NCTSN position statements are developed collaboratively by members of the National Child Traumatic Stress Network in response to important issues in the field, and they are approved by the NCTSN Steering Committee.
Racial Injustice and Trauma: African Americans in the U.S.
Trauma-informed practice and culturally responsive care are core values of the NCTSN. These compel us to acknowledge historical events, biases, and population demographics in understanding health disparities and disproportionality. As such, historical trauma is recognized and understood as a significant part of the trauma history for a child, a family, and a culture. The NCTSN affirms the importance of addressing the impact of historical trauma, including slavery, in the lives of African Americans in the U.S. Current-day racial injustice in law enforcement, prisons, and other institutions are part of the history of oppression and racism that can affect the trauma experience, treatment, and recovery of African Americans.
In this regard, the NCTSN has developed a position statement, titled “Racial Injustice and Trauma: African Americans in the U.S.
” as a call to action for the Network to collectively integrate specific activities within the work of the NCTSN: 1) Increase knowledge
about the impact of race-based traumatic stress that affects many African American children, their families, and the communities in which they live; 2) In collaboration with experts in historical trauma related to African American history, develop and disseminate resources
that child trauma professionals can use to identify, assess, and address historical trauma and racism in the context of high quality, trauma-informed, culturally responsive care; and 3) Become a national leader
in raising awareness about historical trauma related to African Americans, the impact of current-day racial injustice, and the implication of such history and experiences on trauma-informed health and mental health care.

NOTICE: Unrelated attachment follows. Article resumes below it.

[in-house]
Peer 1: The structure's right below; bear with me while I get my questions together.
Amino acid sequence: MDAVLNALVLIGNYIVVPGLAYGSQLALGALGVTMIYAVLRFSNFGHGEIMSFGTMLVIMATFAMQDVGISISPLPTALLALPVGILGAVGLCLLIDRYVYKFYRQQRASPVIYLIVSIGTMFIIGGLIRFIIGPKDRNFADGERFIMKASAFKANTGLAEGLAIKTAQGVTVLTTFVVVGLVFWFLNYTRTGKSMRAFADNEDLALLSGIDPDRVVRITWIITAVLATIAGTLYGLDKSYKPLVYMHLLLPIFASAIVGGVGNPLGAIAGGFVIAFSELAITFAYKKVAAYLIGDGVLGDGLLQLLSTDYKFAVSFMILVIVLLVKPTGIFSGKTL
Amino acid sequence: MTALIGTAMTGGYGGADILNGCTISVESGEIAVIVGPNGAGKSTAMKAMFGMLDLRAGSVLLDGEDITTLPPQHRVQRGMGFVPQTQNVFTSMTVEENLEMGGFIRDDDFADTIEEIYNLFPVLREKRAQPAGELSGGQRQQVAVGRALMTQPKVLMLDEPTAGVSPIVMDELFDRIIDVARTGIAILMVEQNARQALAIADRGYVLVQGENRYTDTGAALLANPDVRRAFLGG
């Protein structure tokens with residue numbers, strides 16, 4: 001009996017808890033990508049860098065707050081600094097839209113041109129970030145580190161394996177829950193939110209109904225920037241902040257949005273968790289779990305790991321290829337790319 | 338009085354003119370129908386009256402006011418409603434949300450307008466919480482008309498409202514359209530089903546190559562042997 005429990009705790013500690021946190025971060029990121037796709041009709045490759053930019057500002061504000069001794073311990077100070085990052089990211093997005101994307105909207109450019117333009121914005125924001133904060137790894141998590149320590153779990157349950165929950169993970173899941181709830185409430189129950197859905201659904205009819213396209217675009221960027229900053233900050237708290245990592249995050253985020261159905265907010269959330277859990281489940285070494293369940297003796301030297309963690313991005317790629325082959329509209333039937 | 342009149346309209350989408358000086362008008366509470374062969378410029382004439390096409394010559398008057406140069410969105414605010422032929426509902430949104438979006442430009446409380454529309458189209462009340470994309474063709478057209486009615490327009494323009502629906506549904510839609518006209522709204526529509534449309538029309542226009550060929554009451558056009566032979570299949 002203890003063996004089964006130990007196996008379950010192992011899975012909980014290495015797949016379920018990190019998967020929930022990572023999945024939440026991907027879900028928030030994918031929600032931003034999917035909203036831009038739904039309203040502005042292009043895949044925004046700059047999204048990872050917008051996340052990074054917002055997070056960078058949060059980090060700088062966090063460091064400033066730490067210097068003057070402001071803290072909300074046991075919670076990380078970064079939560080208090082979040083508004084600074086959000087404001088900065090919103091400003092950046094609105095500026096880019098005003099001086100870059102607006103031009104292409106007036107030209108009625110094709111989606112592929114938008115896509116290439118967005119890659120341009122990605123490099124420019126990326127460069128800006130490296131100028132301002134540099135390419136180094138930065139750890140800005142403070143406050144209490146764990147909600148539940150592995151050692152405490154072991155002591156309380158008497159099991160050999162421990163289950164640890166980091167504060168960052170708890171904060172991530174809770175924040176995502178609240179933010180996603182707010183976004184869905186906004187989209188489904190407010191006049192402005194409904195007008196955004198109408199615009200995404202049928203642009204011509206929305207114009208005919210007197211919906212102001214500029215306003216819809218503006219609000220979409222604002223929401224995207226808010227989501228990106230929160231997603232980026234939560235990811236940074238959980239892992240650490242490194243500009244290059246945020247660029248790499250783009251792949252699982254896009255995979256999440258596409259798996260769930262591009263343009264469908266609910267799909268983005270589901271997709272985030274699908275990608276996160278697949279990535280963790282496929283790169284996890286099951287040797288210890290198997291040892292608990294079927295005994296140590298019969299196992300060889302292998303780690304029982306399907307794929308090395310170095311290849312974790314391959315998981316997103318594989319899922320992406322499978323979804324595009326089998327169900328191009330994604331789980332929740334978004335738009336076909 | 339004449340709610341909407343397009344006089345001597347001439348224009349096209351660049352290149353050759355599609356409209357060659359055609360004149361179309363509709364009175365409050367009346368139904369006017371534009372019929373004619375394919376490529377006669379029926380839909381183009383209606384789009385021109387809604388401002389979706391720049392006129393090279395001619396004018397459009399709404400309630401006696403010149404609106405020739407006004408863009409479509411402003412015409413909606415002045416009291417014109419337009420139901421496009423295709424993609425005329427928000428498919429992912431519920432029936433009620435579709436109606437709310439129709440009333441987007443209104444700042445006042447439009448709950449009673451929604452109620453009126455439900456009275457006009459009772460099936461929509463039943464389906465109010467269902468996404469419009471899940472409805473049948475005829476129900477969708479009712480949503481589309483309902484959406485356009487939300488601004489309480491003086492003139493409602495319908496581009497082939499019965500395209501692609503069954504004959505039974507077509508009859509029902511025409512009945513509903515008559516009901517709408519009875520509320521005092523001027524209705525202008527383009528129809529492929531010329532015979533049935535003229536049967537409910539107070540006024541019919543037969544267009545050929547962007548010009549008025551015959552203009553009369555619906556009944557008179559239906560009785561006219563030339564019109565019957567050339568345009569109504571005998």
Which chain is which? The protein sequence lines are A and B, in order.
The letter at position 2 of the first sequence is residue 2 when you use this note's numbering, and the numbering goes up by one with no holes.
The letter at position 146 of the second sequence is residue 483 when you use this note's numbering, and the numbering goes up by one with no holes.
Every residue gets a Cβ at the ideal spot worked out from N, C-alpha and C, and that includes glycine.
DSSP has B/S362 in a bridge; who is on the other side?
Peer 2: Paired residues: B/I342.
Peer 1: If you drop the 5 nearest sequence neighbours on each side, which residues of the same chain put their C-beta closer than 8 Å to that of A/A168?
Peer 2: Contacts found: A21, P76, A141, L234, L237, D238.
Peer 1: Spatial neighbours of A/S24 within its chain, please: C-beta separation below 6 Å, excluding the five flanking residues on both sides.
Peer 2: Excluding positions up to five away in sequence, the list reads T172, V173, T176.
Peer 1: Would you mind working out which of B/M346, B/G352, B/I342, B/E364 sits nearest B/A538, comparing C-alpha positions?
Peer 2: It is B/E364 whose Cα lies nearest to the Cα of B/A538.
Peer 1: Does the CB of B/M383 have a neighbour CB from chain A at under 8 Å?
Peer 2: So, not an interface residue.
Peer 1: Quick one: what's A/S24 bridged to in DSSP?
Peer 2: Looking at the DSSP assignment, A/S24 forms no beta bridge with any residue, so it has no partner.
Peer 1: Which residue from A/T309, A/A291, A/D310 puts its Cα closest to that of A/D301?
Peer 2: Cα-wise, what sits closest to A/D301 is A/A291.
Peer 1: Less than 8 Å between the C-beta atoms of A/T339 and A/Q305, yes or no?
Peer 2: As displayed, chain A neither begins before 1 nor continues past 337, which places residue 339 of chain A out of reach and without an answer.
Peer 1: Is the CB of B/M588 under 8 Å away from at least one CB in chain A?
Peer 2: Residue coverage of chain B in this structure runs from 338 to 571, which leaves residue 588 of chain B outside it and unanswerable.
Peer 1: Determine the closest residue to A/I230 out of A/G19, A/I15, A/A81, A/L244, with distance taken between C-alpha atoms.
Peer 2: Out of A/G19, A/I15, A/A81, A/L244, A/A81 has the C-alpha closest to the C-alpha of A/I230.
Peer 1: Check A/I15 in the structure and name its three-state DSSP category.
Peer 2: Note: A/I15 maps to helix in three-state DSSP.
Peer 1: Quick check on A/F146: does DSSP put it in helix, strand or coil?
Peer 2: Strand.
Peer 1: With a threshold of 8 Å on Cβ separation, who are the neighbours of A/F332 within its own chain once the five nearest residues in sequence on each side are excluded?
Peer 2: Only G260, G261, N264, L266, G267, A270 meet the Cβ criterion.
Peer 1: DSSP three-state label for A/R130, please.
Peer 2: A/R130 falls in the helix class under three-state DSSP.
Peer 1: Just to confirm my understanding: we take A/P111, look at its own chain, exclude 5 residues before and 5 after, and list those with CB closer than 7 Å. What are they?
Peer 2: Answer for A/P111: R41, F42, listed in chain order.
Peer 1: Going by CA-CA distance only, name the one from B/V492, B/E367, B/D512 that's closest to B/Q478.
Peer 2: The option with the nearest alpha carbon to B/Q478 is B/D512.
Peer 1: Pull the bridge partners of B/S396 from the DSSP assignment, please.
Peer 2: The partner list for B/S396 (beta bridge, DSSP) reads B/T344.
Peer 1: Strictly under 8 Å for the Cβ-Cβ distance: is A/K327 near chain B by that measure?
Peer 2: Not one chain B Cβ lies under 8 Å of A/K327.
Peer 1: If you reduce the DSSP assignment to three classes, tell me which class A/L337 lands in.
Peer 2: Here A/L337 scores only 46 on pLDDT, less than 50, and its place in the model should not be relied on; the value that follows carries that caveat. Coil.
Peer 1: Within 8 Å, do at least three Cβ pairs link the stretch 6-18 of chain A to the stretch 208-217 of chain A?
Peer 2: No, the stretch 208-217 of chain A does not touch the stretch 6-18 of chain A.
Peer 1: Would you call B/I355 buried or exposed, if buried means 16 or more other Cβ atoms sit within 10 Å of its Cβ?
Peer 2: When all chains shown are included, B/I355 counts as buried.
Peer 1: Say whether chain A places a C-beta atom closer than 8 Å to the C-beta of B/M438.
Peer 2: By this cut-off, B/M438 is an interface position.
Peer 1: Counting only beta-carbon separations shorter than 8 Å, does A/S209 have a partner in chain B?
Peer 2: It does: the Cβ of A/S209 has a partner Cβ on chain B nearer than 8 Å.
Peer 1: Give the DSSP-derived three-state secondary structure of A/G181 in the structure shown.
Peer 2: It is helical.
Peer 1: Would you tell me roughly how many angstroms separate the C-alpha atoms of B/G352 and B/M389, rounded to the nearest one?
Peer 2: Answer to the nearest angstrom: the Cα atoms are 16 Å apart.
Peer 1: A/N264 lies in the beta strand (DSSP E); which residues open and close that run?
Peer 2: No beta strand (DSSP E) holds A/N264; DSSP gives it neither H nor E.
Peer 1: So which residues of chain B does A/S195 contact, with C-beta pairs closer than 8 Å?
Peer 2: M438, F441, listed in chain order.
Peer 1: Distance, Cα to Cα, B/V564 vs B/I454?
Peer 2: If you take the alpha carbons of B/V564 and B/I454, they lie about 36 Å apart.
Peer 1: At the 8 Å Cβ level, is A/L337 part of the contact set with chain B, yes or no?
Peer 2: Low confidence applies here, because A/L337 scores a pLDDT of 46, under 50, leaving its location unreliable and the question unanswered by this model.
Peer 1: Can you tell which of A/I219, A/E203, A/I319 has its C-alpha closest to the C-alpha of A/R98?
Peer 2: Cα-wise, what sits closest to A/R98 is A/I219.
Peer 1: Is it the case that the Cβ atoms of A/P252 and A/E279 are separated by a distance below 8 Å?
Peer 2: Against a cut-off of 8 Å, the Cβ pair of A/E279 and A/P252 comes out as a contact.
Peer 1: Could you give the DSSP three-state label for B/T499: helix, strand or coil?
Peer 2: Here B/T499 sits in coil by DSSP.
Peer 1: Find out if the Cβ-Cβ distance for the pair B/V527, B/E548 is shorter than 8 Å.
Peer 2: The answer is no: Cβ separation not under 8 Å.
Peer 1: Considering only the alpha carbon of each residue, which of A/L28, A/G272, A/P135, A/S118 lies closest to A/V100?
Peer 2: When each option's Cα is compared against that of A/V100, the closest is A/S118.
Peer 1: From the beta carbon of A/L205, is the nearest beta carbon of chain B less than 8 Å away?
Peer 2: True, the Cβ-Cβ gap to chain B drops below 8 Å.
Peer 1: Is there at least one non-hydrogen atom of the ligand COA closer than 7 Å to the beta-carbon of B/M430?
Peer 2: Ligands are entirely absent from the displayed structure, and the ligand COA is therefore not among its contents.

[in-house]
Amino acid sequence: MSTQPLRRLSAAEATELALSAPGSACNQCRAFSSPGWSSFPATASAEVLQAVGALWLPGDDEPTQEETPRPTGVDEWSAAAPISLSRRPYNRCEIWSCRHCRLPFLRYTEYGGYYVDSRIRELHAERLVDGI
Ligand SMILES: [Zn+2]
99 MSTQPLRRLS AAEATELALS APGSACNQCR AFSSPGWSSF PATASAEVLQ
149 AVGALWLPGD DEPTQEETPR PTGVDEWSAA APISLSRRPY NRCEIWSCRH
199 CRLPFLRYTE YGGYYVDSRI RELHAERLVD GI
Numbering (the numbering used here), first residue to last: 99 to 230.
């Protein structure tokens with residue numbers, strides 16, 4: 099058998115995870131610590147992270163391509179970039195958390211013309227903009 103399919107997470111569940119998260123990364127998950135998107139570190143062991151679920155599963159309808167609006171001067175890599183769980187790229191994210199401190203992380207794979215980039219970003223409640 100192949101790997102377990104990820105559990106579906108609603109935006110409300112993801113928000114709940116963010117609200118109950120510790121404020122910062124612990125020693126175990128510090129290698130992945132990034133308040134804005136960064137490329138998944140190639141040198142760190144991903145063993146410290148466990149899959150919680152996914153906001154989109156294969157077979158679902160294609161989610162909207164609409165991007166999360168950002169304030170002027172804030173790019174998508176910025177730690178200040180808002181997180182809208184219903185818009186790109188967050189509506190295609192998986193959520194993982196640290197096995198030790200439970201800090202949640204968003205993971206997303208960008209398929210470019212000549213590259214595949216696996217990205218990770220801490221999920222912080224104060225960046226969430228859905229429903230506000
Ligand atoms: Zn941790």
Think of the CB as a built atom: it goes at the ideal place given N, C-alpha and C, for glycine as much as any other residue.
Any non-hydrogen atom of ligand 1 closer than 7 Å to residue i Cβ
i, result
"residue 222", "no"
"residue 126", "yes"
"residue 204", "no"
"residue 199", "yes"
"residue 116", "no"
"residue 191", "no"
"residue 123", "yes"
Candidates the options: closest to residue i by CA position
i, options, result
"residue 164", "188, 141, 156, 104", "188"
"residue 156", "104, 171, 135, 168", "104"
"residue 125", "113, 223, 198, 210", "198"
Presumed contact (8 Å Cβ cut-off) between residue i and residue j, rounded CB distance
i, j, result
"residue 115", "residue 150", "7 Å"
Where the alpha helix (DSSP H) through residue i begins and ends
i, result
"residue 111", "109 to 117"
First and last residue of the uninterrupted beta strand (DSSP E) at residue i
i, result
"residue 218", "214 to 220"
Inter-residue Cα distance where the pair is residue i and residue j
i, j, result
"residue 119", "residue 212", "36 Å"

Prerequisite Clinical Competencles for Implementing Effective, Trauma-informed Intervention
Since the inception of the NCTSN, many evidence-based treatments (EBTs) for children and families exposed to traumatic life events have been developed and refined. This is a remarkable achievement in the field and has resulted in large numbers of children and their families receiving proven treatments that have helped them to move forward in their recovery. These EBTs should be implemented by well-trained clinicians who have a solid background in clinical assessment, case conceptualization, and other skill sets that increase the probability that these treatments are delivered with the highest levels of fidelity, competence, and overall quality.
In this regard, the NCTSN has developed a position statement entitled, “Prerequisite Clinical Competencies for Implementing Effective, Trauma-informed Intervention
.” This position statement can be used to guide agency leaders, clinicians, trainers, and others in optimizing service provision to children and families affected by trauma by prompting reflection on the basic clinical skills needed prior to receiving training in or implementing an EBT. This position statement makes clear what basic, prerequisite competencies are required for the implementation of any EBT, both within and outside of the NCTSN.